The National Cancer Institute's Surveillance, Epidemiology and End Results (SEER) Program coding manual includes two of the OMB categories directly (e.g., White and Black) and more granular ethnicity categories that correspond to the other OMB standard categories (e.g., instead of a broad Hispanic ethnicity category, SEER asks more specifically whether a person is Puerto Rican or Cuban. Go to Table 3-2 for the categories coded by SEER); altogether there are 34 categories. Because SEER stratifies the data whenever possible by more discrete groups, registries are instructed to categorize a patient's ancestry by one of the 34 categories (Johnson and Adamo, 2008). SEER supplements and improves the data it receives from states by, for example, linking with the Indian Health Service to improve American Indian or Alaska Native data (Box 3-2). SEER also uses an indirect estimation algorithm based on Spanish surnames and birthplace to improve Hispanic classification, and an algorithm based on surnames and birthplace to improve data on Asian and NHOPI ethnic groups (Edwards, 2009).

Review of the State of Standardization

This review of categories currently used in various data collection activities highlights that there are substantial efforts nationally, by a number of states, and by various health care organizations to collect race and Hispanic ethnicity data according to the OMB standards. However, not all of these efforts have yet achieved that level of categorization, and national surveys, nationally standardized birth and death certificates, and cancer registries have found it useful to use more fine-grained categorizations beyond the basic OMB categories. Efforts to standardize categorization and collection will eliminate some of the problems with comparability among data collected by disparate systems.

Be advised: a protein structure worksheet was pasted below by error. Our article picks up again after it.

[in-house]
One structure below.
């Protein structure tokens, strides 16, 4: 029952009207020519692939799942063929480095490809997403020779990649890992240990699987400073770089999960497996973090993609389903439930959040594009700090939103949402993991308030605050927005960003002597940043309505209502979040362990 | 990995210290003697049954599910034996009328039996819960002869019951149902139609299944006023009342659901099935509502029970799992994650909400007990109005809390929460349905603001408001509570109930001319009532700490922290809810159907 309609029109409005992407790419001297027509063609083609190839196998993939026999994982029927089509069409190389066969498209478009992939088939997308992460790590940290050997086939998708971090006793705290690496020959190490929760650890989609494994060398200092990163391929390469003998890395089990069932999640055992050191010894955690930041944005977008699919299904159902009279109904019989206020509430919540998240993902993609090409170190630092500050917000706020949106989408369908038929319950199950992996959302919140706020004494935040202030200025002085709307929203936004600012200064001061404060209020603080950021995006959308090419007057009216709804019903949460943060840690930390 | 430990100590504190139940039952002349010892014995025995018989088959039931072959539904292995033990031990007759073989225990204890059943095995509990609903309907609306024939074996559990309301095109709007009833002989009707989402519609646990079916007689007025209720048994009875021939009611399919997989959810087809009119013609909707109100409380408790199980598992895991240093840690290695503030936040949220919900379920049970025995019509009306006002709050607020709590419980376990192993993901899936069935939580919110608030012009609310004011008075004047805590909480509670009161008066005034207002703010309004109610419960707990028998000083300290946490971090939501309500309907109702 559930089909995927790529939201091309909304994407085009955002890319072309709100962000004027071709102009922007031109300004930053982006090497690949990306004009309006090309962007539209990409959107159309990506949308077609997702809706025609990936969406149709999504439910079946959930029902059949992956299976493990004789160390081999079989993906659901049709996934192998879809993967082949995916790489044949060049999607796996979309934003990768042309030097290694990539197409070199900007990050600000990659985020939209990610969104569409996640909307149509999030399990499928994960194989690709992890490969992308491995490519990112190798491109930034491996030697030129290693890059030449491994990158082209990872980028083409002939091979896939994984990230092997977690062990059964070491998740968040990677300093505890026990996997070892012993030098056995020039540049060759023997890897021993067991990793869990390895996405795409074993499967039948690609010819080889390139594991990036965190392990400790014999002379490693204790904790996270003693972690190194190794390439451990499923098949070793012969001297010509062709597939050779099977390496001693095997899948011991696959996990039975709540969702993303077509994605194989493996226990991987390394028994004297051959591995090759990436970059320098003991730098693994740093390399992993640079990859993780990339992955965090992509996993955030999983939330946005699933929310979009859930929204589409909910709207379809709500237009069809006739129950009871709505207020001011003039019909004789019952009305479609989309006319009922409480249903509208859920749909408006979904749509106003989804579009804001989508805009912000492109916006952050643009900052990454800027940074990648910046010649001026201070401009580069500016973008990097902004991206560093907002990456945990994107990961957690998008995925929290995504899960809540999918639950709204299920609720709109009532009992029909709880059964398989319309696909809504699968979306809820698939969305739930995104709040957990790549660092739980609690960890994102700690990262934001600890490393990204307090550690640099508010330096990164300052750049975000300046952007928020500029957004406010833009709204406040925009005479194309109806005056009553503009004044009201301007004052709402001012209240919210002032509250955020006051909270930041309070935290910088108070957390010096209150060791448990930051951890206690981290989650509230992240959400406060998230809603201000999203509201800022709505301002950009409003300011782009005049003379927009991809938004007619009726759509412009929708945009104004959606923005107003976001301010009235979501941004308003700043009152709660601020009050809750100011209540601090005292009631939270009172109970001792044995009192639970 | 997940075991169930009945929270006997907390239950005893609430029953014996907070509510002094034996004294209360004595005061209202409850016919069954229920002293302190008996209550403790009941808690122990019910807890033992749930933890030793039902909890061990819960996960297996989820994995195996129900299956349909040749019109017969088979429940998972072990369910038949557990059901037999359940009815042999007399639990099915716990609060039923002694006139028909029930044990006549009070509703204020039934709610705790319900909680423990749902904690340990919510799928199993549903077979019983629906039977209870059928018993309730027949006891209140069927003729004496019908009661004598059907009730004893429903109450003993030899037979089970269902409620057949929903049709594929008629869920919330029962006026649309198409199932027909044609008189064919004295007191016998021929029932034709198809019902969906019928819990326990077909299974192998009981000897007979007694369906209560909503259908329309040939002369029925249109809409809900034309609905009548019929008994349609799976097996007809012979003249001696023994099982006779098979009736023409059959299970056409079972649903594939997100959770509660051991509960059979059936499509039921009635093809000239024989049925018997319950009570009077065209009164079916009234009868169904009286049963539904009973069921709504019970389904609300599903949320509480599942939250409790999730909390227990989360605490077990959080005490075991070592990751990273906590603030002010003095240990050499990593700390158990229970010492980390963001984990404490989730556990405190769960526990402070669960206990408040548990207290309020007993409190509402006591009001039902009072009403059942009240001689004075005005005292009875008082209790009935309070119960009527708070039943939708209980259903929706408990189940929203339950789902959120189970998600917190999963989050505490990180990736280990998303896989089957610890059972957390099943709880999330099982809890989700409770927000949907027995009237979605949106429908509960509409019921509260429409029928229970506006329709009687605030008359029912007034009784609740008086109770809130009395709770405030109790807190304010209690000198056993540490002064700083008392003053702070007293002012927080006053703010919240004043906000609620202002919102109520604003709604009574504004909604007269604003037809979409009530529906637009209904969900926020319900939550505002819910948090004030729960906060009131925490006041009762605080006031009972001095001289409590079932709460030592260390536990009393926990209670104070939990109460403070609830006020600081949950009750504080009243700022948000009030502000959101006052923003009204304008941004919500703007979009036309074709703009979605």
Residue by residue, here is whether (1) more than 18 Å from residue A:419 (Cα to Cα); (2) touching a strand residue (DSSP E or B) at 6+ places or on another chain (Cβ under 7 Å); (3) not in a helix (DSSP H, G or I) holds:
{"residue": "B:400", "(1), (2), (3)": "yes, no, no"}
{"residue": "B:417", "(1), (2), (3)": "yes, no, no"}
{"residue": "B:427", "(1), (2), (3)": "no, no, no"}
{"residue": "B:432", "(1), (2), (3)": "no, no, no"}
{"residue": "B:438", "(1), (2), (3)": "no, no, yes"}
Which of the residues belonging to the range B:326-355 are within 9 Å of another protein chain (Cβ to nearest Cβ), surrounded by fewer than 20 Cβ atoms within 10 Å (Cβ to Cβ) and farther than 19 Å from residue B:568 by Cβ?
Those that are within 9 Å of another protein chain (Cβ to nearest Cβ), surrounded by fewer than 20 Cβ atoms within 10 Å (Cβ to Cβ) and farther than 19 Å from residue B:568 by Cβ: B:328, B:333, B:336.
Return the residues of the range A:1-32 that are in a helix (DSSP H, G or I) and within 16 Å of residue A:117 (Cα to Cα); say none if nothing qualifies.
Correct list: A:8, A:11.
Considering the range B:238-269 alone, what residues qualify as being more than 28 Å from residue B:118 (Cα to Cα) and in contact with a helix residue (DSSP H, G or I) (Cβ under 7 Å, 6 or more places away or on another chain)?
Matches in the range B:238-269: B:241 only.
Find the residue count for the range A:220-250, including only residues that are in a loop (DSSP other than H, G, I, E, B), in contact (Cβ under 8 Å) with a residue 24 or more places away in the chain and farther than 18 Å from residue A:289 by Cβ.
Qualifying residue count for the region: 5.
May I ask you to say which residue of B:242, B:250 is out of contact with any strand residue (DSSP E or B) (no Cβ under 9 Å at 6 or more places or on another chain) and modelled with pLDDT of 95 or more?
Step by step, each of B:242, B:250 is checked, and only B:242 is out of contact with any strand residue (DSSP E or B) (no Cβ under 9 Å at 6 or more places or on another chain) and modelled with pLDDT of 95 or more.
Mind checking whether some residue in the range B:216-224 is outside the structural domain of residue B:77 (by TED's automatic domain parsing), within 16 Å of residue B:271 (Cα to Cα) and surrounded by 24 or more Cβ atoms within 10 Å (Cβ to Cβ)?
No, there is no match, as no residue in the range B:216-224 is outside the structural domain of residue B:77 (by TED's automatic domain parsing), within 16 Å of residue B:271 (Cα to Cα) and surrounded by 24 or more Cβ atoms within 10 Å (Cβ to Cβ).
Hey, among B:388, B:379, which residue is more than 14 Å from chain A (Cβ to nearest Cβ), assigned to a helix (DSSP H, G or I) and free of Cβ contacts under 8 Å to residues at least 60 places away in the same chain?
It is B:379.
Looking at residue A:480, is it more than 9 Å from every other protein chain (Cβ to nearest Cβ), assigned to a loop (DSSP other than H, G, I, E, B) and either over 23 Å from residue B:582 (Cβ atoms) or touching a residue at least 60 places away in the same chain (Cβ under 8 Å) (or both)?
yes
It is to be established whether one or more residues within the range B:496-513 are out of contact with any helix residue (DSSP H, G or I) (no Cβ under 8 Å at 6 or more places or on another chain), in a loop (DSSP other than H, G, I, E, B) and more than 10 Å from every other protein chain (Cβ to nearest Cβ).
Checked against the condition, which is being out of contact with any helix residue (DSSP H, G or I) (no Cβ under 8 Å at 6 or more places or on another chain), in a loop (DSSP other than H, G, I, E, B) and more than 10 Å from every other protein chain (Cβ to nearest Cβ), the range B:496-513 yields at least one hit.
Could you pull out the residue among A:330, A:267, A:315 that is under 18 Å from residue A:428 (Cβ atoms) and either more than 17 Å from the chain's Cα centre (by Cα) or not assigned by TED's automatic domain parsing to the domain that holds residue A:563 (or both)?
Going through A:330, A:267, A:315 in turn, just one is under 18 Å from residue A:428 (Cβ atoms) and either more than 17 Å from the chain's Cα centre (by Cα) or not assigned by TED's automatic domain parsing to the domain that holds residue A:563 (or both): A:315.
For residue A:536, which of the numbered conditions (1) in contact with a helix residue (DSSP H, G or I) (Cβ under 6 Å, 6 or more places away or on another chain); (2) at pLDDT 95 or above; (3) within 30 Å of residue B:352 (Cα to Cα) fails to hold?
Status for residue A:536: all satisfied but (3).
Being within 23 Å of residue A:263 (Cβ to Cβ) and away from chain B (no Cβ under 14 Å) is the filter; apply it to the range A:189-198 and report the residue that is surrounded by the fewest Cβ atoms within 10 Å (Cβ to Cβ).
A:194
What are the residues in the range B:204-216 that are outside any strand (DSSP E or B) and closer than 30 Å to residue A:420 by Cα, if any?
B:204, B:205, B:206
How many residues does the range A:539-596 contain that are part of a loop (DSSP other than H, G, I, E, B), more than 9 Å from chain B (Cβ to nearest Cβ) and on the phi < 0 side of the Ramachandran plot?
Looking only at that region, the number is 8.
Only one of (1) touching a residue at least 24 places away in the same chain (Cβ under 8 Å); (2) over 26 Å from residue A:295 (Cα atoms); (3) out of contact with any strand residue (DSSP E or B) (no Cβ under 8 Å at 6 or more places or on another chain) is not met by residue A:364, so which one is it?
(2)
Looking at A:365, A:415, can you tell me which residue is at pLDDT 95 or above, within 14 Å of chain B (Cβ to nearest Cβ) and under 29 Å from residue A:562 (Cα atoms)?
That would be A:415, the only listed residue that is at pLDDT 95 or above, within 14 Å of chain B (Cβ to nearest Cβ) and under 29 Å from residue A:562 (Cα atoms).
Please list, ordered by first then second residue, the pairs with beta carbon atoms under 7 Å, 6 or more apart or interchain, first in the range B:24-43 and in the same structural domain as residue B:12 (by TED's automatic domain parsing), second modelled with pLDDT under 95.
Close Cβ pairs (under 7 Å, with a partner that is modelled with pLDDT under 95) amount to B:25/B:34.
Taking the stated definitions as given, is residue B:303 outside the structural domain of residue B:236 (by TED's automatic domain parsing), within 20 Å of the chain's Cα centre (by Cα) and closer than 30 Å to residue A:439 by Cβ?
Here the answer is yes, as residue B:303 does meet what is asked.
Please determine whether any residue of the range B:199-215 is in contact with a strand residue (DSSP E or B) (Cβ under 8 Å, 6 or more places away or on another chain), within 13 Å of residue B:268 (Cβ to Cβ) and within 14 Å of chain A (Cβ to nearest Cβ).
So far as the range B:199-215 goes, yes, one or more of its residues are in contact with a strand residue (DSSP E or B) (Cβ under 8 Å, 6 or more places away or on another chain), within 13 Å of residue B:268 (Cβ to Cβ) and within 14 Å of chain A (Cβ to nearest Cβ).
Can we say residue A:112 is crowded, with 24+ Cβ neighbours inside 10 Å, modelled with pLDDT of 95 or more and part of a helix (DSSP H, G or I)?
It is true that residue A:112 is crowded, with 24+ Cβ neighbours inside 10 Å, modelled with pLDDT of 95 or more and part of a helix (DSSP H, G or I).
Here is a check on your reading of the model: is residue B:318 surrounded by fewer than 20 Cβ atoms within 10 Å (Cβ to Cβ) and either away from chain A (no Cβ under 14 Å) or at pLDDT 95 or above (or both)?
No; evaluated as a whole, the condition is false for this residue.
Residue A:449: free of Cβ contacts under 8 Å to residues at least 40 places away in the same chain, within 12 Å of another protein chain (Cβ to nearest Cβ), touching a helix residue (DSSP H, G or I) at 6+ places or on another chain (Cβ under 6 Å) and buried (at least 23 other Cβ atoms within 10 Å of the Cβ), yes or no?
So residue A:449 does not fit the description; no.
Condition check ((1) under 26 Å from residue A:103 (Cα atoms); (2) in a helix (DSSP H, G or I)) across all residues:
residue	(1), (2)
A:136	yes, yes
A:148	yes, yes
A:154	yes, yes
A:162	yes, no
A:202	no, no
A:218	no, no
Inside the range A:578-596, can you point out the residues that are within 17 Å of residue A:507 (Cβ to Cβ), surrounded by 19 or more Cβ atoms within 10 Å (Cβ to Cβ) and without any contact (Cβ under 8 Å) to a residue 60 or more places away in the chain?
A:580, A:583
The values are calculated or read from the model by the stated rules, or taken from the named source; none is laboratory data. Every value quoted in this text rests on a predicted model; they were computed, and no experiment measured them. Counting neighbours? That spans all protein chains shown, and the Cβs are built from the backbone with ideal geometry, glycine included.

Box 3-2. The Use of Data Linkages to Improve Data Coverage and Quality in Cancer Registries

The American Indian or Alaska Native population makes up just over one percent of the U.S. population and is dispersed throughout the country. This complicates the collection and aggregation of data on cancer incidence, an especially important task because unique circumstances of culture, locale, history, and health care produce unusual patterns of cancer occurrence among American Indian or Alaska Native populations (Cobb et al., 2008). Alaska Natives, for example, have rates of lung, colon, and breast cancer five times higher than those of Southwestern Indians.

Studies have demonstrated that many American Indian or Alaska Natives are misclassified as another race in cancer registry data, and dividing these numerators with population denominators from the Bureau of the Census has the effect of underestimating cancer rates for American Indian or Alaska Natives. To address this problem, SEER cancer registries (which cover 26 percent of the total U.S. population and 42 percent of the American Indian or Alaska Native population) have been linked with Indian Health Service (IHS) beneficiary records using LinkPlus, a probabilistic linkage software program developed by the Centers for Disease Control and Prevention (CDC), to identify records representing the same individual in the IHS and registry databases (Espey et al., 2008).